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Hoffmann, R. A wiki for the life sciences where authorship matters. Nature Genetics (2008)

Molecular dissection of zyxin function reveals its involvement in cell motility.

Spatially controlled actin filament assembly is critical for numerous processes, including the vectorial cell migration required for wound healing, cell- mediated immunity, and embryogenesis. One protein implicated in the regulation of actin assembly is zyxin, a protein concentrated at sites where the fast growing ends of actin filaments are enriched. To evaluate the role of zyxin in vivo, we developed a specific peptide inhibitor of zyxin function that blocks its interaction with alpha-actinin and displaces it from its normal subcellular location. Mislocalization of zyxin perturbs cell migration and spreading, and affects the behavior of the cell edge, a structure maintained by assembly of actin at sites proximal to the plasma membrane. These results support a role for zyxin in cell motility, and demonstrate that the correct positioning of zyxin within the cell is critical for its physiological function. Interestingly, the mislocalization of zyxin in the peptide-injected cells is accompanied by disturbances in the distribution of Ena/VASP family members, proteins that have a well-established role in promoting actin assembly. In concert with previous work, our findings suggest that zyxin promotes the spatially restricted assembly of protein complexes necessary for cell motility.[1]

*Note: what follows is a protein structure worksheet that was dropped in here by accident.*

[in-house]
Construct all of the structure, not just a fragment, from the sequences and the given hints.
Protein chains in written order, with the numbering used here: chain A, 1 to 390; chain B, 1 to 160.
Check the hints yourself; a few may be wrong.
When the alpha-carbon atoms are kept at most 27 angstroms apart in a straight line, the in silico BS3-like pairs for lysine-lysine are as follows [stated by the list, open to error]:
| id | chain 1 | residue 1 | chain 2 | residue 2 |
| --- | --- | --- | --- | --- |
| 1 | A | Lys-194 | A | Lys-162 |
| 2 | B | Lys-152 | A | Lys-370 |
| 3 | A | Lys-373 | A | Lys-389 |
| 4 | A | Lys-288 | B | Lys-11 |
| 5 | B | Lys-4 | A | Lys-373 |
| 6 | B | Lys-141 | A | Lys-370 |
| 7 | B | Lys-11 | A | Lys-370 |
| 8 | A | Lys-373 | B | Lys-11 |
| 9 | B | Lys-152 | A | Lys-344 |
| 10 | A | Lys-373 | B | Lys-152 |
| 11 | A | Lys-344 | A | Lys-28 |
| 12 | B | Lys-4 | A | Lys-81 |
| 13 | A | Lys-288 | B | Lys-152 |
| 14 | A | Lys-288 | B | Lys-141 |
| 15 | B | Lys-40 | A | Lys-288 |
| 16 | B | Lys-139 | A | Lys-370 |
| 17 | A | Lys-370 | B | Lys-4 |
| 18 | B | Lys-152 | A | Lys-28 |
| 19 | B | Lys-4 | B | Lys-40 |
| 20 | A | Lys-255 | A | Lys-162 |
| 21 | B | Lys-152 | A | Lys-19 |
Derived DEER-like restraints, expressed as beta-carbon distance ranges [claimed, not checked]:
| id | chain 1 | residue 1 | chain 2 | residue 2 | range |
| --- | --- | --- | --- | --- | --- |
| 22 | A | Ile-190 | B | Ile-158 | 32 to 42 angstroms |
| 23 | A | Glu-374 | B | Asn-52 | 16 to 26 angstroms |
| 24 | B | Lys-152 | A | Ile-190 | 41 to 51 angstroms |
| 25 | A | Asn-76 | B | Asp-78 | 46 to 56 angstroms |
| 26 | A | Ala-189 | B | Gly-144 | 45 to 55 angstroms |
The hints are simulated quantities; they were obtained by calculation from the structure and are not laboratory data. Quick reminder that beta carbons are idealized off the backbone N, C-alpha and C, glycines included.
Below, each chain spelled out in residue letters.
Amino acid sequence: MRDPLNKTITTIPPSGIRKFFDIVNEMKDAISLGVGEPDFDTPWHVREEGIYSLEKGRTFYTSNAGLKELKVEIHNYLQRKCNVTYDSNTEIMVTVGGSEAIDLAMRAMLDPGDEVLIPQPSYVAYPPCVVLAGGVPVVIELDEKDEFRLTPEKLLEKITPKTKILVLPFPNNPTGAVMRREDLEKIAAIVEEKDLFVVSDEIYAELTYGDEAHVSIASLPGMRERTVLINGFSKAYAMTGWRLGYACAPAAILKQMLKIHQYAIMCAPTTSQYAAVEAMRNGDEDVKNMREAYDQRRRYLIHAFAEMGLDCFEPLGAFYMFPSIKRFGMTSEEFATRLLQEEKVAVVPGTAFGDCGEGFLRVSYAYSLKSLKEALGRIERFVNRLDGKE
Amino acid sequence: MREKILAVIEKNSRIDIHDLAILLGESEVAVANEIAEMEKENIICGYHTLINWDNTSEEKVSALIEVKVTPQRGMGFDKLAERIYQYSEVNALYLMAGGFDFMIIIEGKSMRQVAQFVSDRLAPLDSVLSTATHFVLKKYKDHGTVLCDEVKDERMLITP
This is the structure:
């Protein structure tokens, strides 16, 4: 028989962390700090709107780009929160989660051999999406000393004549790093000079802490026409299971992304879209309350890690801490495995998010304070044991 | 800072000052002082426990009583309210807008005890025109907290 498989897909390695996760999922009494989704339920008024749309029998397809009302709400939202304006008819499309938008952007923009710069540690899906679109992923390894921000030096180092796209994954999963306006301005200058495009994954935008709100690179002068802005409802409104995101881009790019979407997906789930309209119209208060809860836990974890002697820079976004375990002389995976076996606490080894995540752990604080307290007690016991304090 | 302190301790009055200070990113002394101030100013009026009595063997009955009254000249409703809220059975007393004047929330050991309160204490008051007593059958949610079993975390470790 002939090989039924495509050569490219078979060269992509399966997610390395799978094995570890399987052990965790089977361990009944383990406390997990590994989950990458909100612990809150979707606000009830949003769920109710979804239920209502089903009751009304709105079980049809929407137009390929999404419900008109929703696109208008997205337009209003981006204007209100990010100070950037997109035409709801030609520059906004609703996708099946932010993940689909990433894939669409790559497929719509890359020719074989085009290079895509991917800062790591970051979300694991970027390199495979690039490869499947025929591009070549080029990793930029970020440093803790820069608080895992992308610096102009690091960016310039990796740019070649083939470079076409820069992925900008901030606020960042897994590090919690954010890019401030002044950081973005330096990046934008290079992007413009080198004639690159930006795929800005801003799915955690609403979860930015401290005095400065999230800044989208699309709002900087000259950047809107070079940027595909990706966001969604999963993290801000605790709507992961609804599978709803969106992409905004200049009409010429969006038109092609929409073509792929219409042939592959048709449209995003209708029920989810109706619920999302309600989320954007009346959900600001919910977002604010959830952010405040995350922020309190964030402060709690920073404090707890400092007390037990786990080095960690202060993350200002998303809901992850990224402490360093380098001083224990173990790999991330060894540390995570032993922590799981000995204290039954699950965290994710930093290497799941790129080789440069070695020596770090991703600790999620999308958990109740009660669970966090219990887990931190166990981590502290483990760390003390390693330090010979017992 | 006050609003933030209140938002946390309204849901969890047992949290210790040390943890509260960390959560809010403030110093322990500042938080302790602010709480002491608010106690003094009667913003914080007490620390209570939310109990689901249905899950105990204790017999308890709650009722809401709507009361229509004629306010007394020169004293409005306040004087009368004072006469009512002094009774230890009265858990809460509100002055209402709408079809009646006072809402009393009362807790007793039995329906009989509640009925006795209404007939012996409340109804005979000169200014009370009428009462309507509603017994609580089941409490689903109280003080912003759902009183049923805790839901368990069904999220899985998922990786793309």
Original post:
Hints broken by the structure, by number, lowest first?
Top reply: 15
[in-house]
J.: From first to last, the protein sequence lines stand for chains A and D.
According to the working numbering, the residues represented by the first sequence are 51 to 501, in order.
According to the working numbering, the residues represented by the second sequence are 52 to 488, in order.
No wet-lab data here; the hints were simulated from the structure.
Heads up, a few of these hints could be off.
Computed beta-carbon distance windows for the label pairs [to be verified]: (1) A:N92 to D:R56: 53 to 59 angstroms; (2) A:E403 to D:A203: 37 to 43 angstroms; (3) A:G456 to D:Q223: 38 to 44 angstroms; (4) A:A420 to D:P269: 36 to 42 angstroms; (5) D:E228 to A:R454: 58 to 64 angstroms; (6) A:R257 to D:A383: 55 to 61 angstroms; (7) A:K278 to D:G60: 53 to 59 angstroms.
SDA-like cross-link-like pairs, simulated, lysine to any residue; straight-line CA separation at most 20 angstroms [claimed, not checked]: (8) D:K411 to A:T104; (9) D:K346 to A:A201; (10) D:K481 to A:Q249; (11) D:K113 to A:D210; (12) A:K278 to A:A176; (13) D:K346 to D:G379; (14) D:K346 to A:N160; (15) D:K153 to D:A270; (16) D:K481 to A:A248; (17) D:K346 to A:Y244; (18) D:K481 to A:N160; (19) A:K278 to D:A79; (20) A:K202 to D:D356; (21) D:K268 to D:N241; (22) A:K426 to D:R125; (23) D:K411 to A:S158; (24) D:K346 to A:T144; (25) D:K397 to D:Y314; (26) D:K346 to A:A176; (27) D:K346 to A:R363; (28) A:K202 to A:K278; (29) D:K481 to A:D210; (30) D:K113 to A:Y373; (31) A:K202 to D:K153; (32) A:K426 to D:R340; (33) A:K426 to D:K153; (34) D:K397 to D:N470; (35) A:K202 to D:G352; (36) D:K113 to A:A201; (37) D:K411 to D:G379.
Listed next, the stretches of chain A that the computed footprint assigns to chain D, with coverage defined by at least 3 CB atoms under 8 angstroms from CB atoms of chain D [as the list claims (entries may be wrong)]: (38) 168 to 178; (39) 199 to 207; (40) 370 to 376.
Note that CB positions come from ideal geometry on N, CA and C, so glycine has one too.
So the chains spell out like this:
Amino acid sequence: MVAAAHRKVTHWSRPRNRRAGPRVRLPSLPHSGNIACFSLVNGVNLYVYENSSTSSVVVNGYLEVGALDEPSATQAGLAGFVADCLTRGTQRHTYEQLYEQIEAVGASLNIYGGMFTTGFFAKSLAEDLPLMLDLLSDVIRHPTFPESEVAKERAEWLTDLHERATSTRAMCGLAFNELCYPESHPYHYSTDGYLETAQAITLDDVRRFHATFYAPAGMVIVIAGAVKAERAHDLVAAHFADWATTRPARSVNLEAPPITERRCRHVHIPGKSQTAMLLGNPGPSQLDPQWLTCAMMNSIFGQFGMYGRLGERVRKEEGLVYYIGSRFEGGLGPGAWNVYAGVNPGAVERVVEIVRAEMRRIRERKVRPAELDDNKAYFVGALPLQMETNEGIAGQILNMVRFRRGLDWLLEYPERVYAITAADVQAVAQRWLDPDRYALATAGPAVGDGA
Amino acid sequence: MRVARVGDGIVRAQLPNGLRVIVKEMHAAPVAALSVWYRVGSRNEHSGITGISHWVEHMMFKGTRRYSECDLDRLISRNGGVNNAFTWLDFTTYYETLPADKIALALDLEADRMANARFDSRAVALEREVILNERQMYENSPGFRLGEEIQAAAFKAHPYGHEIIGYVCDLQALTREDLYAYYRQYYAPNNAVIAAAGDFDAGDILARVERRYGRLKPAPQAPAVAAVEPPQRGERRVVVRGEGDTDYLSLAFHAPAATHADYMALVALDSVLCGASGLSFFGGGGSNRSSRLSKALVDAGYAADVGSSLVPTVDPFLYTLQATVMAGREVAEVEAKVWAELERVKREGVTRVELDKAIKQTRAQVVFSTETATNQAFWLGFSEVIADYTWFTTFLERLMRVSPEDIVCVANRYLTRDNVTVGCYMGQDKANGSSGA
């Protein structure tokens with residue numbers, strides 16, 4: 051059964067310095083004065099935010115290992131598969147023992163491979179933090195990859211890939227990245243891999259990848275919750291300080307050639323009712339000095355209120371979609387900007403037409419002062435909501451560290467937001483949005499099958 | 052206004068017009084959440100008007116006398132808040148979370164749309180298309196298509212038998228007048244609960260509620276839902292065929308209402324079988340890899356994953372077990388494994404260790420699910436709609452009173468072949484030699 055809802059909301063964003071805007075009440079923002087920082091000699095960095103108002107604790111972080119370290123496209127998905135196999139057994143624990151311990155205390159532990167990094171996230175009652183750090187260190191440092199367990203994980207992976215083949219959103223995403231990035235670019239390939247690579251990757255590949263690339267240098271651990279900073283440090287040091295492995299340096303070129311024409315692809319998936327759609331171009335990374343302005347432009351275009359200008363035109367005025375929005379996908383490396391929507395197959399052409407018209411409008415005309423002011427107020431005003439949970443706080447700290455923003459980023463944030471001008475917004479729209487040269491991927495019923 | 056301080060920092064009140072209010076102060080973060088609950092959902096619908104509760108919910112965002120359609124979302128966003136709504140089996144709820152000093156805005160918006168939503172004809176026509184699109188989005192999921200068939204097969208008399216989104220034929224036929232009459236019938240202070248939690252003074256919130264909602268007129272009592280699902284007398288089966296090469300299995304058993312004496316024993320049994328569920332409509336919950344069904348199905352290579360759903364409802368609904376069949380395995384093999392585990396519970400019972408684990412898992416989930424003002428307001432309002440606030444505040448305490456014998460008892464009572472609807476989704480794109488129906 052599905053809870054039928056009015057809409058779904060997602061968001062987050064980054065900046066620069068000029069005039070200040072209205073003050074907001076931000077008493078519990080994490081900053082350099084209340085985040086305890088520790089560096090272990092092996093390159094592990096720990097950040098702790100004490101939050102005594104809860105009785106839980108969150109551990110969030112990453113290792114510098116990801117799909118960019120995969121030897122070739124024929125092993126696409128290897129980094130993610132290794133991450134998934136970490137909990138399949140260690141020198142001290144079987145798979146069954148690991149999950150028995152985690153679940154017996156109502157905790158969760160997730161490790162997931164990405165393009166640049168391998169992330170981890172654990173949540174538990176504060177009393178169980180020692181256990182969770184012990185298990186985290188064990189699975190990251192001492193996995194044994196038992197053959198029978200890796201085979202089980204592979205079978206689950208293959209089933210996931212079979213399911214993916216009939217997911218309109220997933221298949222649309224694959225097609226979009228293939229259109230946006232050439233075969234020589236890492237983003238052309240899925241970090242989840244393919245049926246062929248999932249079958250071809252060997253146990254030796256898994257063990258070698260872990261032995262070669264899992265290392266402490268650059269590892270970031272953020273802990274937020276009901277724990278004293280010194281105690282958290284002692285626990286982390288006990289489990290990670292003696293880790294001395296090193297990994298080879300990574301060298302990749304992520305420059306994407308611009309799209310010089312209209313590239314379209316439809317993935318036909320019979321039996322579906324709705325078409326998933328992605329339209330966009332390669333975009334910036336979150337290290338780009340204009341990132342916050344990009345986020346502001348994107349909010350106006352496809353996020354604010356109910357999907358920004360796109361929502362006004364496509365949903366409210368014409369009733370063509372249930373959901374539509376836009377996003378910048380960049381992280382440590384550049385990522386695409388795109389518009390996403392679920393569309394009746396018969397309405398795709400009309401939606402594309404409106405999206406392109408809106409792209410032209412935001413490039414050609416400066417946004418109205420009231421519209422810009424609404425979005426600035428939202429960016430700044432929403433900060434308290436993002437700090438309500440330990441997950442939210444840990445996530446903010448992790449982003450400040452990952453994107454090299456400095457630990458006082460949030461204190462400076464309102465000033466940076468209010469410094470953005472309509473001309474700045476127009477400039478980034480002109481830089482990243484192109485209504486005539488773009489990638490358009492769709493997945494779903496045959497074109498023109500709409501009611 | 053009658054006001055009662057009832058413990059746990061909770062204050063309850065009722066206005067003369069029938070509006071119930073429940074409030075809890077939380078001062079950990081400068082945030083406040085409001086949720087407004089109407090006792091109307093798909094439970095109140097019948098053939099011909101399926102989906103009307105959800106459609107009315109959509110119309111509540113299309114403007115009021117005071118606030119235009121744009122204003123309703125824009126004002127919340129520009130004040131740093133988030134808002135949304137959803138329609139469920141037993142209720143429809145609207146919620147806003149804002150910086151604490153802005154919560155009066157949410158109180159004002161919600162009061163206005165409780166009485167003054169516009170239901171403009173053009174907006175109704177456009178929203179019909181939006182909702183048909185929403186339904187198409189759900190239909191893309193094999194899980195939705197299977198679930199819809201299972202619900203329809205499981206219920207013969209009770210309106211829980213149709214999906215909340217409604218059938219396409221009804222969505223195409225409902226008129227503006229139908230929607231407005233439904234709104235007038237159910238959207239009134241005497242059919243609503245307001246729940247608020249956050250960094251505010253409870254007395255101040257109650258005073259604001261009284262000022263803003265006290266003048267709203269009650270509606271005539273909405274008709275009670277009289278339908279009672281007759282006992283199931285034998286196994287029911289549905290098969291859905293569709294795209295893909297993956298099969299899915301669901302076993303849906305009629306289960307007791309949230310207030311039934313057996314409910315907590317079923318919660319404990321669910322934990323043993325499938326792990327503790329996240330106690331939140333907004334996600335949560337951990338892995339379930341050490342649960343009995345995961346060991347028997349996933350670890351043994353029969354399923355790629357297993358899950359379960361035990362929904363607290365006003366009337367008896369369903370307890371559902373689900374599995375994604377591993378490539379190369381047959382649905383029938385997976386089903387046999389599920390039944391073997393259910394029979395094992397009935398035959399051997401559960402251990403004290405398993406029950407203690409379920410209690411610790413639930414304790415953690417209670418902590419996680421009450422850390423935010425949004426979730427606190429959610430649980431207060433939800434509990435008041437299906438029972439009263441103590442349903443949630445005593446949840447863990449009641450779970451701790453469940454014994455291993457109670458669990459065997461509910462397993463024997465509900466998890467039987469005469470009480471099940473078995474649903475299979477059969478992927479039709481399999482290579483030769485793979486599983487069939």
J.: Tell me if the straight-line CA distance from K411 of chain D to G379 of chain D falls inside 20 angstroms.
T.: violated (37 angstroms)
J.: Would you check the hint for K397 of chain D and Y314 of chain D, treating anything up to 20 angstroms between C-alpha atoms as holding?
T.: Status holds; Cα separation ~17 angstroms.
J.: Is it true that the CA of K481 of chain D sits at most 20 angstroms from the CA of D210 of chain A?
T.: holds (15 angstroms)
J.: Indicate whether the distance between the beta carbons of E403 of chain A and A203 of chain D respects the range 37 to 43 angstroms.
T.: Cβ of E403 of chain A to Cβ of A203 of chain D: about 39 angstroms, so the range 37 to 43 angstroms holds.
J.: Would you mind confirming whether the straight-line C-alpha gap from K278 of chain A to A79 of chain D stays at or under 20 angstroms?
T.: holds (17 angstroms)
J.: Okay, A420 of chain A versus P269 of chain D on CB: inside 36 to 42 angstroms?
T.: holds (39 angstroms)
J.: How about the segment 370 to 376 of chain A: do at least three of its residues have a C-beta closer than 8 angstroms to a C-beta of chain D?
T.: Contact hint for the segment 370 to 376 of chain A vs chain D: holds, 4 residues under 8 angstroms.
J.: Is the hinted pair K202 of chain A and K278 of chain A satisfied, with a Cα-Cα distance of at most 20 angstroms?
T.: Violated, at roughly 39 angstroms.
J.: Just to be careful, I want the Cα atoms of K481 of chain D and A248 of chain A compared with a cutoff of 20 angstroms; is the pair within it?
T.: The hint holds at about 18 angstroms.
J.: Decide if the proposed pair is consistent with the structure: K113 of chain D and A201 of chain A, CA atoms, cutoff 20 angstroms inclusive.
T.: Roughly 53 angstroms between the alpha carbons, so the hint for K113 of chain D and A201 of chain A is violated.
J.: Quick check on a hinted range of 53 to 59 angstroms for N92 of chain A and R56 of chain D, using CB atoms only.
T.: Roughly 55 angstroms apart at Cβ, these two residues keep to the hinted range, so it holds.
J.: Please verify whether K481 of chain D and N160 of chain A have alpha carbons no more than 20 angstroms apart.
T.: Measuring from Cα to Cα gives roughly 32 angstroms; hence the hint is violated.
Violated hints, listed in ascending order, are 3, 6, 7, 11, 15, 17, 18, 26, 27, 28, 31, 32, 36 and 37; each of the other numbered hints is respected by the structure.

1. Molecular dissection of zyxin function reveals its involvement in cell motility. Drees, B.E., Andrews, K.M., Beckerle, M.C. J. Cell Biol. (1999) [Pubmed]
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